Family Summer Trip Day 12 - Spooky Gulch and Peek-a-boo Canyon

Today, we were going to make the short drive from our Bryce Canyon campground to the Escalante / Grand Staircase National Monument and visit a spot I last visited in 2007.  This was the origin of my trail name, CanyonMan.  It's about a 45 minute drive from Bryce Canyon to Escalante, UT.  From Escalante, you turn off Highway 12 onto Hole-in-the-Rock Road. Then, it is another 45 minutes or so down the bumpy, gravel road.

To give you a sense of what it's like finding this place, here's the directions to the trailhead:

Go 24 miles on Hole-in-the-Rock Road to Cat Pasture where you'll see a sign for Early Weed Bench.  Go 2.5 miles more and turn left on a dirt road.  Turn and follow this dirt road 1 mile to a parking lot.

From the trailhead, you drop down about 100 vertical feet to the canyon floor.  About 1/2 mile from where you hit the canyon floor, you get your first glimpse of the Peek-a-boo slot canyon, I recommend bypassing this and heading to Spooky first.  Continuing down canyon another mile or so, you will run into Spooky Gulch.  This is an extremely narrow canyon, but it's a great way to get your introduction to slot canyons, because there's no climbing to get into it, you simply walk right in, whereas Peek-a-boo requires a bit of a climb.

Entrance to Spooky Gulch
Entrance to Peek-a-Boo Canyon

There's several options to navigating these slots.

  1. Go in and out of Spooky from the entrance and then walk back to Peek-a-boo and go in and out the entrance (what we did this time)
  2. Enter Spooky, come out the back end, then navigate your way to the back side of Peek-a-boo and work your way down to the entrance (what I did in 2007)
  3. Climb into Peek-a-boo and out the back end, then entering Spooky from the backside and come out the entrance (what a group of scouts were doing when we were there this year)
You could easily spend a day in this area.  There's a third slot in the area, Brimstone, but I've never done that one.  I hear it's a bit more challenging and there are areas which you can get stuck in, so I would recommend going with a partner if you're going to attempt these.

The whole family eventually made it to the back of Spooky.  Some were a bit more intimidated than others by the tight spaces, but we all eventually got back there.  Here's a few pics to give you a sense of how "tight" I'm talking.  If you're claustrophobic, this might not be the spot for you.  Believe it or not, we saw a guy that was probably 5'10" pushing 250+ pounds make it through, so you can squeeze.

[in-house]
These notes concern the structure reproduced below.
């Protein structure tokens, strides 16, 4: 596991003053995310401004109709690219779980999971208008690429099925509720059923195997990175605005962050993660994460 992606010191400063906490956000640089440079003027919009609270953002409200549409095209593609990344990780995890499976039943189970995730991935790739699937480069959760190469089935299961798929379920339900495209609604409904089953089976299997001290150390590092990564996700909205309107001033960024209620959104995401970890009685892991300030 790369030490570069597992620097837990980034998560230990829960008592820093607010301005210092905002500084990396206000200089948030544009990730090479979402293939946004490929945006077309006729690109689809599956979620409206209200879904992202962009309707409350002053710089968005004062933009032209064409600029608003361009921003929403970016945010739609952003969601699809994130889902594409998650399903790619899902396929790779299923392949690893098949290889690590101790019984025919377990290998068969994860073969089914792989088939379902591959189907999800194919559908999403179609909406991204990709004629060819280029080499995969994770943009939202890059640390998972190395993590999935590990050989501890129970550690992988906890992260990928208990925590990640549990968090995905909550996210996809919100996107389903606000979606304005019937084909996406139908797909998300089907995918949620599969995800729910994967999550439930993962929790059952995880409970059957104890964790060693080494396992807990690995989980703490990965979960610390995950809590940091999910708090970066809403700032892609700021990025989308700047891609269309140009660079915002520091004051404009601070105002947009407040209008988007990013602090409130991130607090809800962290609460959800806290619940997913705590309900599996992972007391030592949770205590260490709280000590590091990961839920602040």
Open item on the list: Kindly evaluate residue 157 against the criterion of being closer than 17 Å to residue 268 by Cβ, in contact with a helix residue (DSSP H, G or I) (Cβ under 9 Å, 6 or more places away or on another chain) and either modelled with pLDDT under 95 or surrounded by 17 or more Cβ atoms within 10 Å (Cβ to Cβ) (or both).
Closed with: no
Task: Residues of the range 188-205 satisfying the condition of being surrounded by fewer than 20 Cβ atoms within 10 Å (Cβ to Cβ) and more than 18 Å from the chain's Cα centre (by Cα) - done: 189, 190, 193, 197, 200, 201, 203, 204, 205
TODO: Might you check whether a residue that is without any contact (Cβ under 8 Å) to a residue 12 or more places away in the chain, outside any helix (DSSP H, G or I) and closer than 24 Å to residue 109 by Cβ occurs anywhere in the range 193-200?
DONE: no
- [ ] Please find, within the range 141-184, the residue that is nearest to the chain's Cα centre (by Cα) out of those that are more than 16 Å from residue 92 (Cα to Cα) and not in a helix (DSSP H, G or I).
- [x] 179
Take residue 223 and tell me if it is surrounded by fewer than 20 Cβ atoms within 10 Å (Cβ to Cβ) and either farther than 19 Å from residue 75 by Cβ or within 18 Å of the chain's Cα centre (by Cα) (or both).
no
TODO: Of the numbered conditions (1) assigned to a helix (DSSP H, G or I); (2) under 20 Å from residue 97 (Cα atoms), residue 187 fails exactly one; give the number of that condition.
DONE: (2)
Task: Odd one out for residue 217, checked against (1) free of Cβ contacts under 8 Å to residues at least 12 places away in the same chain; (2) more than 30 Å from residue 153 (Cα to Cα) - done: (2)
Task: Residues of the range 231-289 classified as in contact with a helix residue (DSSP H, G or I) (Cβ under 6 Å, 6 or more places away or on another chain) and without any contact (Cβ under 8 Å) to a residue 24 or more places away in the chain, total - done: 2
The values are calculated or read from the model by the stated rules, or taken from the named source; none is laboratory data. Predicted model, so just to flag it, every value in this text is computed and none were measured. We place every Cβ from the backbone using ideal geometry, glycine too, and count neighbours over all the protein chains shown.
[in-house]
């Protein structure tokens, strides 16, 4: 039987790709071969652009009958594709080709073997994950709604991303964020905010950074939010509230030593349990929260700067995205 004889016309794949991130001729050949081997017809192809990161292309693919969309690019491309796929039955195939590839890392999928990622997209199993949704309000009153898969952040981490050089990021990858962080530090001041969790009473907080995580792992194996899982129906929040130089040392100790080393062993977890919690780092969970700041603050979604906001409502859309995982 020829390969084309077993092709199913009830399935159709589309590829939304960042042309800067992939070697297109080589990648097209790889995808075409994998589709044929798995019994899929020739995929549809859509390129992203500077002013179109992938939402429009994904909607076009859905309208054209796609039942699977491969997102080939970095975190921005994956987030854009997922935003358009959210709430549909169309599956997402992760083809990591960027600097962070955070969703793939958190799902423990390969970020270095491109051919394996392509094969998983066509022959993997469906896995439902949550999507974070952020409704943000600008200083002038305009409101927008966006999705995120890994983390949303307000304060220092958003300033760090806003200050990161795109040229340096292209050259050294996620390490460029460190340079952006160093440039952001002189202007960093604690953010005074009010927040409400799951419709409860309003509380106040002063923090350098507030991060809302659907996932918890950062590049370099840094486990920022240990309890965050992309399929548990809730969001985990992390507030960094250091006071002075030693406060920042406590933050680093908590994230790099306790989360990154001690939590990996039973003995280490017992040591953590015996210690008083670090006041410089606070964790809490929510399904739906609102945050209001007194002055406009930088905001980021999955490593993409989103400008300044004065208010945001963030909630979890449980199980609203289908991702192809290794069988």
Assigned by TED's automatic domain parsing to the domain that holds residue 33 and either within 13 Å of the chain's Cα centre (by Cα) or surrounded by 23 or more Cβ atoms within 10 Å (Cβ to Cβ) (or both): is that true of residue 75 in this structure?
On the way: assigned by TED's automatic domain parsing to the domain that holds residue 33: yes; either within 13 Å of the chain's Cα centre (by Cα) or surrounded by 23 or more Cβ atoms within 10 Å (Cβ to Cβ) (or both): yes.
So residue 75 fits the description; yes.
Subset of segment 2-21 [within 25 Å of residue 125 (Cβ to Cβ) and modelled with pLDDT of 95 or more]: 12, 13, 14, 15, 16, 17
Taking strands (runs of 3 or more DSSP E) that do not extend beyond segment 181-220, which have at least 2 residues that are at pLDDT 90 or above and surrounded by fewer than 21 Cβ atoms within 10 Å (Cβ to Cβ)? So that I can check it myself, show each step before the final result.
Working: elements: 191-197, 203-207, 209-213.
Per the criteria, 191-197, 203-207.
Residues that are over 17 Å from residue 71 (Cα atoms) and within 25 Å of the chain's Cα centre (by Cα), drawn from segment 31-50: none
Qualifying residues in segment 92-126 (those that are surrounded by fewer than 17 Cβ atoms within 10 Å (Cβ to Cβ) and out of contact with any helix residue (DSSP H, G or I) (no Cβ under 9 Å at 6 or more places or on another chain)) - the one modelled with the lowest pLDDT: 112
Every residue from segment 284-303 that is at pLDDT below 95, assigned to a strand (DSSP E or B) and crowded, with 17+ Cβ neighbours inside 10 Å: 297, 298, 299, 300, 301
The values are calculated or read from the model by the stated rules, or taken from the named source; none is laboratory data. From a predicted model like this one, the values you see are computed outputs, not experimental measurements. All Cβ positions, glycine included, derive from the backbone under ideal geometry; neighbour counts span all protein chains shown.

We played around in here for a bit and stayed in the cool shade, it was probably 30 degrees cooler than in the sun.

We exited Spooky from the entrance and walked back to the mouth of Peek-a-Boo.  Here everyone, except myself and my daughter, opted not to enter.  Like I mentioned, it's a bit of a climb, so I understand. We helped probably 5 or so others get in or out while we were there.

Once you climb into Peek-a-Boo, it's not as narrow as Spooky, but it is otherworldly.  It almost looks like an alien planet.  There are multiple cris-crossing arches and passageways.  Here's a few shots from inside Peek-a-Boo.

LT and I spent just a few minutes in here, enough to give her an idea of what draws me to this place.  I always tell everyone, there's something special about the desert.  It just has it's own beauty to it.  It's not for everyone, but these places are phenomenal.

Family photo in front of Peek-a-Boo
We exited Peek-a-Boo, gathered the family for a photo.  See the pic above and notice the carved out area above us and to the left.  That's where you climb up.  It looks pretty straightforward, but is extremely worn and very slick.  It's not terribly difficult, but is a bit nerve racking if you're not used to climbing on sandstone.

It was extremely hot that day and we were running low on water.  A bit of advice, even though you are less than a mile from your vehicle, pack plenty of water.  We brought a liter each and were only out for 2 hours, but we drank every bit of it and my youngest was pretty parched by the time we got back to the truck.

If you find yourself in southern Utah or northern Arizona, I highly recommend spending some time around Hole-in-the-Rock road.  There are many slots in this area.  There's a really good guidebook on all the different hikes in the area.  It's the Non-Technical Canyon Hiking Guide to the Colorado Plateau.  I highly recommend picking this up.

Finally, if you're coming to this area, it's worth knowing why it's called Hole-in-the-Rock Road.  Check out this Wikipedia article on the Hole-in-the-Rock.  It's an interesting bit of history and you'll be amazed when you see what it looks like now and imagining what it would have been like in the late 1800's when it was being used by the Mormons.  They must have been some extremely hearty people.


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